Indra Nooyi told everyone she wasn’t going to write a memoir. She wanted to devote herself to writing a “manual for fixing how we mix work and family.” It is a topic she has had occasion to think about, and been asked to address, more often than her male peers. Among the group of global leaders she regularly found herself in the room with after she became CEO of PepsiCo, she discovered that the conversation got around to many topics, even as far-flung as “flying to Mars,” but:
Family—the actual messy, delightful, difficult, and treasured core of how most of us live—was fringe.
Once she sat down to write that book, however, she found that the work she wanted to do on the topic had already been done, “from every angle, in every corner of the world.” Her recompiling the evidence about the economic benefits of early childhood education or paternity leave, she discovered, wasn’t really needed. But what she has experienced, and how she came to understand the issues on a personal level, and telling her story as one of the first generation of women to attend business school in India, as the first woman of color and immigrant to lead a Fortune 50 company in America? Well, that certainly hadn’t been done before, and only she could do it. I am so glad she did, because the book is really good. But true to the book she originally set out to write, she also addresses the “duty of care” we all have to each other, and the need to build in greater care infrastructure for working people—specifically for women—and their families in our society. Such a focus on care is not only the right thing to do but will “be a competitive advantage for every company, community, and state where we make it happen.” And with people like Indra Nooyi committed to it, maybe we finally can make it happen. (DJJS)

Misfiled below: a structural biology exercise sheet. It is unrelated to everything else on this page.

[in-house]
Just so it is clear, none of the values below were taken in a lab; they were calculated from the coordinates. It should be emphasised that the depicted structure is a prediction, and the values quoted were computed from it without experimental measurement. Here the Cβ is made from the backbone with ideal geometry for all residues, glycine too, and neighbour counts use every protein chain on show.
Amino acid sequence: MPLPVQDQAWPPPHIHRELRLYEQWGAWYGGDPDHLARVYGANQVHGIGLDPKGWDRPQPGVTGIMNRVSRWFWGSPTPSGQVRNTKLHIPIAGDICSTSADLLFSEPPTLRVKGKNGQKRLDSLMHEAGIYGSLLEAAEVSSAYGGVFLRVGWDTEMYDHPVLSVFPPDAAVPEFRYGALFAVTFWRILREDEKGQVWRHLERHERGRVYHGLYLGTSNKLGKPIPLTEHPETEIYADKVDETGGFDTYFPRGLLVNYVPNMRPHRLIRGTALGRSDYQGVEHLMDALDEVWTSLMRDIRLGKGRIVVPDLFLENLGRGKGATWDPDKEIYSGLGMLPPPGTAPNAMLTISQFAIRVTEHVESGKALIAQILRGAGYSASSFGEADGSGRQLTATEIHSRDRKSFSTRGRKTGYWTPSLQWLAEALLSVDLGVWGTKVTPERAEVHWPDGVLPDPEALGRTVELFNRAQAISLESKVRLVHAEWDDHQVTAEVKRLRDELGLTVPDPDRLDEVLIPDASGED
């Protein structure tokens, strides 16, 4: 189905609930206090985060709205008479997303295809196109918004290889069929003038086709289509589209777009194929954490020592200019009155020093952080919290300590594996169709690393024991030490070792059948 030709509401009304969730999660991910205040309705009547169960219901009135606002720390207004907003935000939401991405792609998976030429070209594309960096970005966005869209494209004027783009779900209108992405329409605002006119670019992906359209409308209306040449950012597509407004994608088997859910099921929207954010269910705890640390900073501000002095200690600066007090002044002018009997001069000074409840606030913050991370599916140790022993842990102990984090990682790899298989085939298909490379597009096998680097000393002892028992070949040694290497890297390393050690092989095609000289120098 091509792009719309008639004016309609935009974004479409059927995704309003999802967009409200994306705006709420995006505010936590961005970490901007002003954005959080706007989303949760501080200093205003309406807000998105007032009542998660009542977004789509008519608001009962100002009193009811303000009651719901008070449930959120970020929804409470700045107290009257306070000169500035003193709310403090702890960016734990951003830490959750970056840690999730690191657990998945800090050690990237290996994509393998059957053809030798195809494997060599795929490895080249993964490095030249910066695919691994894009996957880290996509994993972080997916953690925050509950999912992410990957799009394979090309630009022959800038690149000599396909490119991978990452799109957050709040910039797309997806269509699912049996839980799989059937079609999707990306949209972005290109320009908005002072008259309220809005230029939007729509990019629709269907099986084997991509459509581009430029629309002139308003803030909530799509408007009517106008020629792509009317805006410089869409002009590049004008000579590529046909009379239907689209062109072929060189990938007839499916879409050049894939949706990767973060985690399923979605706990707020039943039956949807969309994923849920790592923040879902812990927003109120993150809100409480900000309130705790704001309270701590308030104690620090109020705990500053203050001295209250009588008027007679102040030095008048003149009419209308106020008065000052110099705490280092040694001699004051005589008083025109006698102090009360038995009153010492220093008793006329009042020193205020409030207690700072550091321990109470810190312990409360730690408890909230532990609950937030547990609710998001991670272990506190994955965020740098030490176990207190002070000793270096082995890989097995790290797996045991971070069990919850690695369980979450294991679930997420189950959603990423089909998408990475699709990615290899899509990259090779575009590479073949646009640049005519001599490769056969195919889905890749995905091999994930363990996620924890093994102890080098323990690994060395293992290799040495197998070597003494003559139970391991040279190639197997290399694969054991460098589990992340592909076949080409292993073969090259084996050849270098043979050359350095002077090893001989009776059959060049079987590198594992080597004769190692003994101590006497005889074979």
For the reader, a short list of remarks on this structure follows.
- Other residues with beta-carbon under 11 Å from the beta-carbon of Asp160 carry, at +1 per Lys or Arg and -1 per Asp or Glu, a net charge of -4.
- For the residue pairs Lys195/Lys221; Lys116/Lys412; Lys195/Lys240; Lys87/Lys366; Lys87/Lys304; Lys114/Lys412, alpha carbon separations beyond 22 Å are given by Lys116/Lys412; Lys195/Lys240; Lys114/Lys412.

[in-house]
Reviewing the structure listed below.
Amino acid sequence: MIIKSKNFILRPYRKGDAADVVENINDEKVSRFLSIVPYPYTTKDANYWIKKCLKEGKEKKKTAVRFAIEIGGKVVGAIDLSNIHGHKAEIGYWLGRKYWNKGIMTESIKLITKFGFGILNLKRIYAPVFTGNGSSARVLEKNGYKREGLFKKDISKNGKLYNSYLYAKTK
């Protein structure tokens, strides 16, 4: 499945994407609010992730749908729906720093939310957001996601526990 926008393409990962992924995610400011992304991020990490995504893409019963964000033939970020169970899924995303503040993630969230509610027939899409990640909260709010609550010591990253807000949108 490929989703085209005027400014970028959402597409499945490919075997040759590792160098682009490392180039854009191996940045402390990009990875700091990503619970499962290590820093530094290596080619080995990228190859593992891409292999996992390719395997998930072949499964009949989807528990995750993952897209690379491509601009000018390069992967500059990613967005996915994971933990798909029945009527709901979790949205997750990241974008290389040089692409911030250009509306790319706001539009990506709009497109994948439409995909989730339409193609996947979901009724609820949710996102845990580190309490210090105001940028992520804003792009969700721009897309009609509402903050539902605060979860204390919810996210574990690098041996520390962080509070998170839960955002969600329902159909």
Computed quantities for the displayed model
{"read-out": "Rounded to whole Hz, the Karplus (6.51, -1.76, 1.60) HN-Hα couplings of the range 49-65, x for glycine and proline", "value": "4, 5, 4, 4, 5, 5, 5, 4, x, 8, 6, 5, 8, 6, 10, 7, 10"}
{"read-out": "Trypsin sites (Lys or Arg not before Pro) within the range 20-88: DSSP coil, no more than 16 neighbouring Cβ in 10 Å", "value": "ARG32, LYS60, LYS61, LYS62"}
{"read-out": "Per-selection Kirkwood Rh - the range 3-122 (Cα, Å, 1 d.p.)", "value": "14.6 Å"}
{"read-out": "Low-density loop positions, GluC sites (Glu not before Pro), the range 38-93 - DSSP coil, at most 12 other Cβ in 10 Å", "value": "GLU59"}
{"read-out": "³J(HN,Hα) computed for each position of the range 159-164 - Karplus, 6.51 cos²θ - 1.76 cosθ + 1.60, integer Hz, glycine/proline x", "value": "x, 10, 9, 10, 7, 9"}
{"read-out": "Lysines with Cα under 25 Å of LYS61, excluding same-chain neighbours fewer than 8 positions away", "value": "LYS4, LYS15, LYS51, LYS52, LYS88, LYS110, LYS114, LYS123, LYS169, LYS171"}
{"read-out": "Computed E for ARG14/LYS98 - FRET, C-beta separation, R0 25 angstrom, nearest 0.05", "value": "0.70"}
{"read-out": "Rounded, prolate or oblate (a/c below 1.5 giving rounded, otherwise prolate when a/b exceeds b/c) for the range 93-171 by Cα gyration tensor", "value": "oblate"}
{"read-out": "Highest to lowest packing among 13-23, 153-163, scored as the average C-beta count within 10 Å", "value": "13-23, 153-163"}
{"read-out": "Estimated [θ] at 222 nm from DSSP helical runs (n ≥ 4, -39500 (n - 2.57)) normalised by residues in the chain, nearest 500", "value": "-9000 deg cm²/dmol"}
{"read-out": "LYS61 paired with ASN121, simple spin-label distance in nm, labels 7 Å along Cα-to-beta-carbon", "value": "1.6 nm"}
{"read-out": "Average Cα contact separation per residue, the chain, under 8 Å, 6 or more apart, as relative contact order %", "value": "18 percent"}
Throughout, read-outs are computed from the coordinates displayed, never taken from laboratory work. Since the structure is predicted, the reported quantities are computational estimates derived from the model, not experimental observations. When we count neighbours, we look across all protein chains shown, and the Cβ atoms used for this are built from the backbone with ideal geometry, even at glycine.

Voices from the Pandemic: Americans Tell Their Stories of Crisis, Courage and Resilience by Eli Saslow, Doubleday
Eli Saslow’s interviews with people from across America about their personal experiences of the COVID-19 pandemic are often intensely emotional. The first person he speaks to in the book is a man who has just lost his partner—the very first person to die of the disease in the state of Indiana—and is in quarantine himself. “She’s dead, and I’m quarantined. That’s how the story ends.” Those are the opening words of Chapter One. It is a gut-punch. The next person up is the shift leader of a nursing team in Detroit. “Overwhelmed would have been a good word for this hospital a week or so ago, when the pandemic was just starting. Now we’re beyond that—we’re way out of our depth.” Most of us can’t imagine the horrors of working in a hospital during a time like this, but I think most of us can relate to that feeling of being beyond overwhelmed. The pandemic has touched us all and will continue to do so even when it finally ends. As Saslow writes in his Introduction:
The COVID-19 pandemic was the rare international event that became personal to each of us.
But the book is not only about the profound loss we’ve endured during the pandemic, and the literal and figurative breath it has taken out of us, but about the wells of human strength and human kindness we've drawn from during these times, and the lifelines people have extended to each other and to their communities during this crisis. From a grocery store owner in the Lower Ninth Ward of New Orleans to a paramedic in New York City, to the story after story of those who have suffered through the disease themselves or been close to someone who has. The reservoirs of hope have run close to empty, anger has been high, moments of optimism have been few and far between, but the courage of the people in the book—that they even answered their phone and told their stories in the first place—is inspiring. It is an intimate, essential, and instructive document of and for our times. (DJJS)